But this was recognition of a different kind. As he sprawled in front of the away support with his hat-trick confirmed, he received short, sharp claps before the sharp, short shout of his surname: Suarez. This simple chant is -- simply put -- reserved for the finest forwards Liverpool fans have seen. Kenny Dalglish and Robbie Fowler's surnames were forever prefixed by those nine short bursts of applause. Even Fernando Torres received such adoration when Anfield didn't bounce to his other merry tune.

Liverpool fans have chanted his name before, of course, but never with such gusto, such gratification, such gratitude. An unspoken bond between all behind the goal on which he scored his third strike, one that should be acknowledged by all: It is time to ignore the rumours about his departure and the peripheral nonsense that surrounds Suarez. It is time to enjoy him and fall into the clutches of hedonism. Most importantly, it is time to let him know all this, because running, scuttling, scoring before them is someone who is fast becoming one of the best Liverpool players in a generation.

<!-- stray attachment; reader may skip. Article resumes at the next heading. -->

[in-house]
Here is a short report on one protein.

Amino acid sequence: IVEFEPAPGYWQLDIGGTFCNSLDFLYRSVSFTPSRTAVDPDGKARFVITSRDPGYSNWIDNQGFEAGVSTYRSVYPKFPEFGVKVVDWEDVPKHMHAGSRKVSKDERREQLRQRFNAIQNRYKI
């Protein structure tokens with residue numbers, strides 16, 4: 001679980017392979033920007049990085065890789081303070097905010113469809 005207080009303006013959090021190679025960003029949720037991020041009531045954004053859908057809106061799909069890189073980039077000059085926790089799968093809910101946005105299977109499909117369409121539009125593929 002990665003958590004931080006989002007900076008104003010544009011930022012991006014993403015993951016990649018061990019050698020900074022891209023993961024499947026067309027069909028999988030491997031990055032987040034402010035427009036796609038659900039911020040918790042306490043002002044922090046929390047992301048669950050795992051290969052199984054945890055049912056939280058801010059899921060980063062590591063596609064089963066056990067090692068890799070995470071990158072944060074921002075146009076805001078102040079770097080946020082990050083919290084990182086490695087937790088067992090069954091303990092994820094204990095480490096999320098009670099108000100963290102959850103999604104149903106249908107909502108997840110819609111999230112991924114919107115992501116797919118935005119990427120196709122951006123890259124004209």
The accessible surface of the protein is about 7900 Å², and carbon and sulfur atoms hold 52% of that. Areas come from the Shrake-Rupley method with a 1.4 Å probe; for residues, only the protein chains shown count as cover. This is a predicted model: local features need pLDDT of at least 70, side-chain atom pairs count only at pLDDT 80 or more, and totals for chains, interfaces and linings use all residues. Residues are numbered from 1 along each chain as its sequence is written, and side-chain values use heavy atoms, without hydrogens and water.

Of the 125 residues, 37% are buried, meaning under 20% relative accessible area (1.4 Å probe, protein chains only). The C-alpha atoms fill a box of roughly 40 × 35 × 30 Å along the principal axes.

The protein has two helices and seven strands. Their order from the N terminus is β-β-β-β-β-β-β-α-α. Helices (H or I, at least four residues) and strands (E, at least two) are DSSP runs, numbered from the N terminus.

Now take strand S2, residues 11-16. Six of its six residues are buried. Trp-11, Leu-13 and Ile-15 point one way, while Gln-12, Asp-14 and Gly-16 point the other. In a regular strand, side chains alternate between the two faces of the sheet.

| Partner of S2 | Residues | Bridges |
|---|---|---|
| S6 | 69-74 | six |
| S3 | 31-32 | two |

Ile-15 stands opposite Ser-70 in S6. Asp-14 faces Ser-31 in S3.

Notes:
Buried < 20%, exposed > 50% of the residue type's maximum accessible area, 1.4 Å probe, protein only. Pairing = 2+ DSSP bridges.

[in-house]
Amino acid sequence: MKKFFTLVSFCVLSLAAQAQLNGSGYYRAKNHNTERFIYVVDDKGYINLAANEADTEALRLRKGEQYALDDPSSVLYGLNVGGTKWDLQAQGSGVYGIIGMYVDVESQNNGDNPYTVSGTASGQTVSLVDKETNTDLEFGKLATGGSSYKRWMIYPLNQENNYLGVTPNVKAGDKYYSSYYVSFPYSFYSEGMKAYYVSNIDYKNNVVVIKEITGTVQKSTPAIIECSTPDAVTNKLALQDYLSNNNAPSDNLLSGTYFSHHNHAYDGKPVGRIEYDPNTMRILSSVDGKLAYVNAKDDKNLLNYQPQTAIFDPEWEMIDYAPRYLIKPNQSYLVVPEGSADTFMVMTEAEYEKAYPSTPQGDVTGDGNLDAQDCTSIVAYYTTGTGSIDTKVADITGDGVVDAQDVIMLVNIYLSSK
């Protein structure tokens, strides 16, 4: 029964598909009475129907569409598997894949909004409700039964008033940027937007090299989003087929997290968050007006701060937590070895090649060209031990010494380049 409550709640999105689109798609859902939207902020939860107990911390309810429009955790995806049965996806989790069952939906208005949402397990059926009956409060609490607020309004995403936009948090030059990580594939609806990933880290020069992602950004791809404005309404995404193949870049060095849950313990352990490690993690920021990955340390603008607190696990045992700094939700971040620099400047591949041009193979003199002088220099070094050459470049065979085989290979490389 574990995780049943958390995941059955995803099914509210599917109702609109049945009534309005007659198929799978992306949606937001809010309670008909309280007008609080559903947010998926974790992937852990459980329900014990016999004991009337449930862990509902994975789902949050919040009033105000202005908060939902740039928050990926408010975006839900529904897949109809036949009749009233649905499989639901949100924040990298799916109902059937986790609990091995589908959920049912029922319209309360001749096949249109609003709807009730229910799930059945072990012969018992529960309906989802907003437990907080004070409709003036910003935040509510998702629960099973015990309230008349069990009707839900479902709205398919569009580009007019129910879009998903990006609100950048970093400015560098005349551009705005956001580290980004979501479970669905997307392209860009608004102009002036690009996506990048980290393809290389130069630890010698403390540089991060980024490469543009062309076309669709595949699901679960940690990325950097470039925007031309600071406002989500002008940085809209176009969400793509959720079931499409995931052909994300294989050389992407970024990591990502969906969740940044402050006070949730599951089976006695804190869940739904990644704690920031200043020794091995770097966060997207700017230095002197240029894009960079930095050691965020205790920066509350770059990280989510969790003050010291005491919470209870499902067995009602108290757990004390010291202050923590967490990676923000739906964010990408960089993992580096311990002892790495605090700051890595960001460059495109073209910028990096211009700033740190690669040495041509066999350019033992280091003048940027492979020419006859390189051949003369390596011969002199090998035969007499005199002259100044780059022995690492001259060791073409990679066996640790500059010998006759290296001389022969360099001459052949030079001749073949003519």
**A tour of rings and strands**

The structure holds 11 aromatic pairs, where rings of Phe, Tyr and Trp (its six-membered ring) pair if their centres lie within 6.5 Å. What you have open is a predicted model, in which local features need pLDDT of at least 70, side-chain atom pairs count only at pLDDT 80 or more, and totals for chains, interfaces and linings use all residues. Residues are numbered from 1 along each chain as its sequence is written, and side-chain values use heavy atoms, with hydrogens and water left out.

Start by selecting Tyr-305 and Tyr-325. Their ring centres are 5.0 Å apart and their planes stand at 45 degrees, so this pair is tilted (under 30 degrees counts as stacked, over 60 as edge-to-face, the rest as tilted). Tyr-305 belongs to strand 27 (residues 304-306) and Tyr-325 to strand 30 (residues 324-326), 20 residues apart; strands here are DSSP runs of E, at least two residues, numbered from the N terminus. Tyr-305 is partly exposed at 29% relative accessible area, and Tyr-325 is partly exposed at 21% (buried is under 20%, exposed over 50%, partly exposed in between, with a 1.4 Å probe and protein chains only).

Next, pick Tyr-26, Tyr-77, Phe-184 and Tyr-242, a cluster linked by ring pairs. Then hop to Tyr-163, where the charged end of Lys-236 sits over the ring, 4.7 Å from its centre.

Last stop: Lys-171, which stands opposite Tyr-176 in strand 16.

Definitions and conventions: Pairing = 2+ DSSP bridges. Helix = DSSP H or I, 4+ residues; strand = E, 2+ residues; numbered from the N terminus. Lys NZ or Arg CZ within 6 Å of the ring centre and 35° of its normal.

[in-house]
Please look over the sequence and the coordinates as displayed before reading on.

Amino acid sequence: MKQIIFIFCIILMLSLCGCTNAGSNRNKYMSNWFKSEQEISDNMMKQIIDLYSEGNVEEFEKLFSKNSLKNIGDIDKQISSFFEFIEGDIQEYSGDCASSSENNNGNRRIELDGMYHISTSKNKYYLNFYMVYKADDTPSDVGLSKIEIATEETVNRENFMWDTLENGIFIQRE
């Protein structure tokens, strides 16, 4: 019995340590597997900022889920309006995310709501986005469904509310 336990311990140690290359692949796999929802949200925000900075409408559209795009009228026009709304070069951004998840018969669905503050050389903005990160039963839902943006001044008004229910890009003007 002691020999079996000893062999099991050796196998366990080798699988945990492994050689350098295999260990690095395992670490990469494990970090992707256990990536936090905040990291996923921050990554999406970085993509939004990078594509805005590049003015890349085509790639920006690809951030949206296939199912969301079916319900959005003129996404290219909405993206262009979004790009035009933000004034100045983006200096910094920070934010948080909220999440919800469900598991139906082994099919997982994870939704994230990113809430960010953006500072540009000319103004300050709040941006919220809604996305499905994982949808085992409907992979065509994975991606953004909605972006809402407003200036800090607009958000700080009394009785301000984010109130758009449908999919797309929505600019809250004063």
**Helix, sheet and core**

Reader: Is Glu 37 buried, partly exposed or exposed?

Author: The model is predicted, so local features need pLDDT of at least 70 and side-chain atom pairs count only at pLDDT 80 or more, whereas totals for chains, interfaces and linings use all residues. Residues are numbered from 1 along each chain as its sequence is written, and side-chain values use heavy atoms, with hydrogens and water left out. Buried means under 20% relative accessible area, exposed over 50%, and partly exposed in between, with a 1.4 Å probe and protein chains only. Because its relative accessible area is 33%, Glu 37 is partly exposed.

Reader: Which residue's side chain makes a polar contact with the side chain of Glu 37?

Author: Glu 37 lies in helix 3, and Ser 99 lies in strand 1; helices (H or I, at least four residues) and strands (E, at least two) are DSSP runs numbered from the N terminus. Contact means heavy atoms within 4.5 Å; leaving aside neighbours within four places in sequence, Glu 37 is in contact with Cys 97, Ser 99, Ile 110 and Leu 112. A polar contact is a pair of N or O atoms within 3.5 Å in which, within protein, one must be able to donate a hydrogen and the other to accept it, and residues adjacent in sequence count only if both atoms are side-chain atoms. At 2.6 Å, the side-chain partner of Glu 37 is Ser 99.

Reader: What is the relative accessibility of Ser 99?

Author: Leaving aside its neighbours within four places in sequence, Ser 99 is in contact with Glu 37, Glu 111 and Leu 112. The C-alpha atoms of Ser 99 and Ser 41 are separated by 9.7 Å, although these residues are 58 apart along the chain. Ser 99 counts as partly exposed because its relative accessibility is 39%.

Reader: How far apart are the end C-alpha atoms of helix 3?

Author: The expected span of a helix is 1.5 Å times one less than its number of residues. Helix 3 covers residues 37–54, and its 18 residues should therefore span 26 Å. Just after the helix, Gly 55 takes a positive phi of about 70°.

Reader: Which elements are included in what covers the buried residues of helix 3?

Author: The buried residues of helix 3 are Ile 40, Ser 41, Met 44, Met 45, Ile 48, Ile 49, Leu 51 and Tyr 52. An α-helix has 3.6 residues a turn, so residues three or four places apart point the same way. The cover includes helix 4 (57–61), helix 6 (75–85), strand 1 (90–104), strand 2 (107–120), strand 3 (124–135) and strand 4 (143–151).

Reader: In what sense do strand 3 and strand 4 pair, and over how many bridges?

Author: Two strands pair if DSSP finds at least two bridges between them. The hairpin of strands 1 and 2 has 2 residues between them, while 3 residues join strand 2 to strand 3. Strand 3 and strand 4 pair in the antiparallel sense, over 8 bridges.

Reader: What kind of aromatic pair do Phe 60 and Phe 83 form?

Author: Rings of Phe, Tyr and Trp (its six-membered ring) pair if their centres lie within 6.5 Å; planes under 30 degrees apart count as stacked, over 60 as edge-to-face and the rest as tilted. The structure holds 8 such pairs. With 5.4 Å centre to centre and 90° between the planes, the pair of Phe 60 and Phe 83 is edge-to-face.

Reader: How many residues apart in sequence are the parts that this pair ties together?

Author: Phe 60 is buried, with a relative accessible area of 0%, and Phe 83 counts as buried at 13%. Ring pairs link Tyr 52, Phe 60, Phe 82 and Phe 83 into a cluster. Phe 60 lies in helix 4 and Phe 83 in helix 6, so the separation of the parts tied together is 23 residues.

This game was not meant to be about him.

This was meant to be about the way Philippe Coutinho looked so comfortable on the ball in his first start away from Anfield, drifting inside from the left wing and providing both Suarez and Stewart Downing with easy finishes. This was meant to be about Downing and the fortitude he exhibited to put Liverpool in control just 100 seconds into the game. It was meant to be about Pepe Reina finding form once more, Joe Allen's first crucial step toward redemption or Steven Gerrard and Lucas Leiva striking the right balance in the midfield.

But this is what Suarez in all his controlled frenzy does, rewriting narratives in the blink of an eye. He was not even as devastating with the ball as other times this season, simply devastating in front of goal, his off-the-ball movement leaving Emmerson Boyce a jittering wreck. Boyce also jabbed team-mate James McArthur in the face midway through the first half, the heated words exchanged no doubt relating to whose turn it was to attend to Suarez next. Few people bound up the gallows voluntarily.